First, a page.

UAE banks step up pressure on Iran

Lenders freezing assets and refusing to deal with merchants doing business with Islamic Republic.
By AFP
Mon 27 Oct 2008 05:19 PM

Local banks in the United Arab Emirates have stepped up pressure on Iranian firms by freezing their assets and refusing to deal with merchants doing business with Iran, a newspaper reported on Monday.

Most local Emirati banks have stopped serving Iranian businessmen whose merchandise was headed for or dispatched from Iran, Hamid Hosseini, a member of Iran's Chamber of Commerce, told Sarmayeh newspaper.

He added that among 12 local banks only two or three would open letters of credit for Iranians "under very difficult circumstances".

Iran is under international banking sanctions over its controversial nuclear programme and the United States, which is leading efforts to thwart the atomic drive, has pressured its Arab allies to restrict their ties with Iran.

"Some local Emirati banks open accounts for these [Iranian] firms but they seriously control them and recently froze the assets in these accounts under the pretext of suspicious transactions," Pedram Soltani, a member of Tehran Chamber of Commerce, said.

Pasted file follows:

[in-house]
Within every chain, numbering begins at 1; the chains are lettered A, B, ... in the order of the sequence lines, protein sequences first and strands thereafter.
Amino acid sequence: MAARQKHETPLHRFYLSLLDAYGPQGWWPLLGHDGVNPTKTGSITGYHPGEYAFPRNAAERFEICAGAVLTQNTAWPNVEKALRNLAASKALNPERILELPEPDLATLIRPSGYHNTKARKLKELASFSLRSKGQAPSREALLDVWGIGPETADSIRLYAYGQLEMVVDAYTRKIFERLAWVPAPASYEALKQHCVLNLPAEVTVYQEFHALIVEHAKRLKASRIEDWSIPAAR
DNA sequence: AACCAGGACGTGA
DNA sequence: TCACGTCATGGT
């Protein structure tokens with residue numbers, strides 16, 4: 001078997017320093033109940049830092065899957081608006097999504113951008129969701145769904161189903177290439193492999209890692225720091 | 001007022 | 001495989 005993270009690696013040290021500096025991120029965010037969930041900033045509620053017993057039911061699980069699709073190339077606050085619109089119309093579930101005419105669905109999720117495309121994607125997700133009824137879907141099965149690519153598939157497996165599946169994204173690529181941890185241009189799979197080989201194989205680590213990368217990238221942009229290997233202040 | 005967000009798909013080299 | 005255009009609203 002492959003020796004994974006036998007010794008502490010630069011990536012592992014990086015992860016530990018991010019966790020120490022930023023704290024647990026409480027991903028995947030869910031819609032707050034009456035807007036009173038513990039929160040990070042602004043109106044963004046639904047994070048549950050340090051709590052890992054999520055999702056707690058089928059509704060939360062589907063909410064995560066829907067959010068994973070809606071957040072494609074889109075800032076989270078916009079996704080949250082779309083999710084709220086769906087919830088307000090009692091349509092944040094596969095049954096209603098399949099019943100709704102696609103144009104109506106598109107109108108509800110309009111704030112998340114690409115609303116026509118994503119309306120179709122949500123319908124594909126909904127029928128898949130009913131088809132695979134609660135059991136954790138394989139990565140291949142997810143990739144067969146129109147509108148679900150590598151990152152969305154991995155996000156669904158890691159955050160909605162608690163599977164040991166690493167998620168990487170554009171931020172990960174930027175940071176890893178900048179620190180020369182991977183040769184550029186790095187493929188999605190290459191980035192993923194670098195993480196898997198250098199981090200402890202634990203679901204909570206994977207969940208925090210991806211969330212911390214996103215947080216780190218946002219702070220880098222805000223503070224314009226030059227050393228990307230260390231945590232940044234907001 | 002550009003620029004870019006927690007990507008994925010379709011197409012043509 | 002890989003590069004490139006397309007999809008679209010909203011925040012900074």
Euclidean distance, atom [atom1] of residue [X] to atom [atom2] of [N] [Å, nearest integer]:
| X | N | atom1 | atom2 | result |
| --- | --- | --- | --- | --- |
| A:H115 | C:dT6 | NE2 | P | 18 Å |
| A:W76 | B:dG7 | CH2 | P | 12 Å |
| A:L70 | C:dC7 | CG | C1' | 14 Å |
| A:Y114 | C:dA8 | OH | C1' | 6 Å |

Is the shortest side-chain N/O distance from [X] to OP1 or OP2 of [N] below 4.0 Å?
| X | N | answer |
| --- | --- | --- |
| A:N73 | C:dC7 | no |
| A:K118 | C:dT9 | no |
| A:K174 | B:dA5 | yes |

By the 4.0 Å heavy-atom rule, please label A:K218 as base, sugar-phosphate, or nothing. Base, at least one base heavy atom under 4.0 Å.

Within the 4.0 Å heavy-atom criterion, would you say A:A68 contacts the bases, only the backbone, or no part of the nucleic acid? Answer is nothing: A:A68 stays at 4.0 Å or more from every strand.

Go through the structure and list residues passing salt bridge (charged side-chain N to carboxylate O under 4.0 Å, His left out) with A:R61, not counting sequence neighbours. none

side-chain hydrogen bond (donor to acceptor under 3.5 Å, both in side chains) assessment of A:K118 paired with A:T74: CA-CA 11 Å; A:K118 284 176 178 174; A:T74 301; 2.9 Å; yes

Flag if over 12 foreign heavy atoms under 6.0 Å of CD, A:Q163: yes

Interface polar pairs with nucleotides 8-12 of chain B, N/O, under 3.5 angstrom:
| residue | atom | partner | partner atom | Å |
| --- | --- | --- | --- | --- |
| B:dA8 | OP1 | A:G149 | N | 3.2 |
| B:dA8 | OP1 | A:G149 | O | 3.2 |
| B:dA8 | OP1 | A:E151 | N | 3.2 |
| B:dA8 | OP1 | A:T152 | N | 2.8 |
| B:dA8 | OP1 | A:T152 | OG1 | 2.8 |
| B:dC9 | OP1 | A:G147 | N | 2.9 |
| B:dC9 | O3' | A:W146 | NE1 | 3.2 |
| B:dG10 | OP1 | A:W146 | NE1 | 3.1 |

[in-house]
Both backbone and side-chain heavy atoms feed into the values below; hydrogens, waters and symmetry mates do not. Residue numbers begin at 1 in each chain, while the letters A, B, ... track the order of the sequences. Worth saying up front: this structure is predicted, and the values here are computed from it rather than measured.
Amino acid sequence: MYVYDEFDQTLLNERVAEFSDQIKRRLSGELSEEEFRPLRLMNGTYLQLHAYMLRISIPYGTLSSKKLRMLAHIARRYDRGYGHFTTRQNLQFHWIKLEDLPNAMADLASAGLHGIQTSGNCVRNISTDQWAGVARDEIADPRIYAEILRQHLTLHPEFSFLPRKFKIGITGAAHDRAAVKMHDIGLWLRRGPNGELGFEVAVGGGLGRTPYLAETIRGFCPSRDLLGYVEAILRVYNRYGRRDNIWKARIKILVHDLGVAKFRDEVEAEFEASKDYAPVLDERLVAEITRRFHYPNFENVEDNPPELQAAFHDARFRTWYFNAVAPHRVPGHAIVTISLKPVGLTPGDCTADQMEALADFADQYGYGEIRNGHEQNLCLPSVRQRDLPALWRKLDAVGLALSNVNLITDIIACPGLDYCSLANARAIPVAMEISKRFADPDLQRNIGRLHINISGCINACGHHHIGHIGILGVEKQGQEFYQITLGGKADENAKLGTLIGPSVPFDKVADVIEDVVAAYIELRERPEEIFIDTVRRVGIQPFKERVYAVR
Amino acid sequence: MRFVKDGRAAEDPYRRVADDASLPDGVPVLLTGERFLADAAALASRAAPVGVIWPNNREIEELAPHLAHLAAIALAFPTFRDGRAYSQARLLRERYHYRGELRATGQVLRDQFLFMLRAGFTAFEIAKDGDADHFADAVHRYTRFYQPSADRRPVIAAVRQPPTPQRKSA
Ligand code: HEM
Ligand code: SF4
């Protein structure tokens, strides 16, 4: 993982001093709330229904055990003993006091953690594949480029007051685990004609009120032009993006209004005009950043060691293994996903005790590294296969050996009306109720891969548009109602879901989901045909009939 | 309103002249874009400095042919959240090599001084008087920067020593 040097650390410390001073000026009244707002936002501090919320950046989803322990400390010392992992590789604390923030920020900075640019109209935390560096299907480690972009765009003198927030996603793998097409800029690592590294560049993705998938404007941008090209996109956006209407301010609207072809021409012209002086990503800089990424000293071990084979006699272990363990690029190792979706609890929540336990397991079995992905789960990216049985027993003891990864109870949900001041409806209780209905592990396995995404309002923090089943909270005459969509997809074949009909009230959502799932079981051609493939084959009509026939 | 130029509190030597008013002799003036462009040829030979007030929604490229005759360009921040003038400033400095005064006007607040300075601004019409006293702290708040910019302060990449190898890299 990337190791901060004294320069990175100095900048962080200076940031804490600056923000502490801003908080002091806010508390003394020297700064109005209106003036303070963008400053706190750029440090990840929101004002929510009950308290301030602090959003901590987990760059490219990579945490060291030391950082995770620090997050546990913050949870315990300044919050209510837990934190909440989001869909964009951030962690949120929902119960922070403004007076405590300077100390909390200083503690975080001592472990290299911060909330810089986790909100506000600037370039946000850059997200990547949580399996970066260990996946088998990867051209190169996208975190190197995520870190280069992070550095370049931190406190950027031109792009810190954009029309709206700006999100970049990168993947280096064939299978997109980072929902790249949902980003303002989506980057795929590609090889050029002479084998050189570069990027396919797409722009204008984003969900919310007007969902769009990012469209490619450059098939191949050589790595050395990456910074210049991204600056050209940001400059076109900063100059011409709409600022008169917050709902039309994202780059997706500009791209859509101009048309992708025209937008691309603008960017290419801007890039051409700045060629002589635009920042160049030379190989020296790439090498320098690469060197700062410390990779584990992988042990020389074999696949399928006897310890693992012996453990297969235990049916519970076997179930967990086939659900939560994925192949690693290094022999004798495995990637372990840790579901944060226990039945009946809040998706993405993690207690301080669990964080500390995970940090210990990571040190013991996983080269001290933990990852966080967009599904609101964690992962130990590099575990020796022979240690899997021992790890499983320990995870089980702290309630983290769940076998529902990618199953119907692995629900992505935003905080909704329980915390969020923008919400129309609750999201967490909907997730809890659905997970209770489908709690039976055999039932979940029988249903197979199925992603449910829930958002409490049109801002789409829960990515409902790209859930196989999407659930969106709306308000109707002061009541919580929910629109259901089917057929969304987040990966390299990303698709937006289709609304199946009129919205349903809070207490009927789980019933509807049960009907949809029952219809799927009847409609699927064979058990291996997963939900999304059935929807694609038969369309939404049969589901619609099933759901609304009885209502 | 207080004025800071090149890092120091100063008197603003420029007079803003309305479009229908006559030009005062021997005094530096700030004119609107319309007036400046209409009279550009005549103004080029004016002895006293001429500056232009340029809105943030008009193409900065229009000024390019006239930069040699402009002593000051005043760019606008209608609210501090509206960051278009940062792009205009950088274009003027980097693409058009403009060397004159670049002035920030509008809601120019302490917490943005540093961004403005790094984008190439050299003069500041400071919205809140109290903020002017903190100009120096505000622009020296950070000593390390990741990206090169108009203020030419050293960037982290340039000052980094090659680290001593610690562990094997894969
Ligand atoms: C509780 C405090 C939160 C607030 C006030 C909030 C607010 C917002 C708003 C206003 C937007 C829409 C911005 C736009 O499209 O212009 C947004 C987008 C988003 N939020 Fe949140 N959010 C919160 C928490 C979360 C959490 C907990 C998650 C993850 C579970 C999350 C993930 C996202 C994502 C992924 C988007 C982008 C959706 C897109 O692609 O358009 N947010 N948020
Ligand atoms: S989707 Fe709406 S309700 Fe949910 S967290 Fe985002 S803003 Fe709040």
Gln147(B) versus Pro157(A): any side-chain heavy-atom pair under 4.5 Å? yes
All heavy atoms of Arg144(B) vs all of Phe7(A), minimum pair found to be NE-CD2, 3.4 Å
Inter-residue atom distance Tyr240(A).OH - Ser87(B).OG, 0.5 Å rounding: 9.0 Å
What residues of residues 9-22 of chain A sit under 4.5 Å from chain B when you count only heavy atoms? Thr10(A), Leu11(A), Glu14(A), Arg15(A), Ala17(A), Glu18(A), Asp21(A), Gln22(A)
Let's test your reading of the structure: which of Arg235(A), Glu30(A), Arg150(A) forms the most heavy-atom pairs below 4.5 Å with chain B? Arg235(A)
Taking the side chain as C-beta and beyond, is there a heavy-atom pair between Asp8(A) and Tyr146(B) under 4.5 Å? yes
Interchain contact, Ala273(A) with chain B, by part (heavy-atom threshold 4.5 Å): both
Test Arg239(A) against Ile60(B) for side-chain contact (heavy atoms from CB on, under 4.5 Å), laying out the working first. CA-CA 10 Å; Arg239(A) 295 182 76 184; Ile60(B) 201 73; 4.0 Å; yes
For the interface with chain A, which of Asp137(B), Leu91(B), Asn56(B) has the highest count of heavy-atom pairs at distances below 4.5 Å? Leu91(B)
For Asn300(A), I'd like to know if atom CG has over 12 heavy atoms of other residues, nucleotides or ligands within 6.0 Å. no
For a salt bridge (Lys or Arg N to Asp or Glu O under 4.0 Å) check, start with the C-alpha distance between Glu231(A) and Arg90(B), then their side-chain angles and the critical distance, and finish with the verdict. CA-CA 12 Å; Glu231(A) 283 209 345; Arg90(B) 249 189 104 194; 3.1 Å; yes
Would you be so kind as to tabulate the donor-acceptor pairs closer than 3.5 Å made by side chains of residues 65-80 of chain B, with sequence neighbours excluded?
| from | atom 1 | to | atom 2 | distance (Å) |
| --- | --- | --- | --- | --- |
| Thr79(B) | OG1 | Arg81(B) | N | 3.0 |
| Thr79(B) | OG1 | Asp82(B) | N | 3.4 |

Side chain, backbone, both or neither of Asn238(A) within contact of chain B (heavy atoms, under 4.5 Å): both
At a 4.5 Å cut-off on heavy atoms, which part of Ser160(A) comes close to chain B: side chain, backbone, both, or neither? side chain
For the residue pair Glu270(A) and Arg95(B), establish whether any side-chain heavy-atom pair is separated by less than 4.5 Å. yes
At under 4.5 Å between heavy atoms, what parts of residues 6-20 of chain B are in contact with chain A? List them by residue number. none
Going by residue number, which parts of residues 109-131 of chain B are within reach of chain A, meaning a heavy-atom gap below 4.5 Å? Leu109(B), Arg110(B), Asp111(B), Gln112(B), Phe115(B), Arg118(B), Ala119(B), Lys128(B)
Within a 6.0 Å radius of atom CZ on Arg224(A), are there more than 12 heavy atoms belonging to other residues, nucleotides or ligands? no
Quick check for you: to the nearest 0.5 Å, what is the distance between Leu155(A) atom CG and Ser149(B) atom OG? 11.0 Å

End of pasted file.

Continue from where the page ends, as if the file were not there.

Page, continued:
He added that international banks are refusing to open accounts for UAE-registered intermediary firms whose investors or chief executives are Iranian.

UAE is Iran's top trading partner and there are an estimated 450,000 Iranians living there. About 10,000 Iranian firms operate in the country, chiefly Dubai, according to Iranian figures.

Iranian statistics put bilateral trade at $11.7 billion in the Iranian year ending in March 2007, with imports from the UAE forming the bulk of the exchanges at $9.2 billion.

Iran denies Western allegations of trying to develop nuclear weapons, insisting its atomic programme is peaceful. It has pressed on with the nuclear work despite sanctions.

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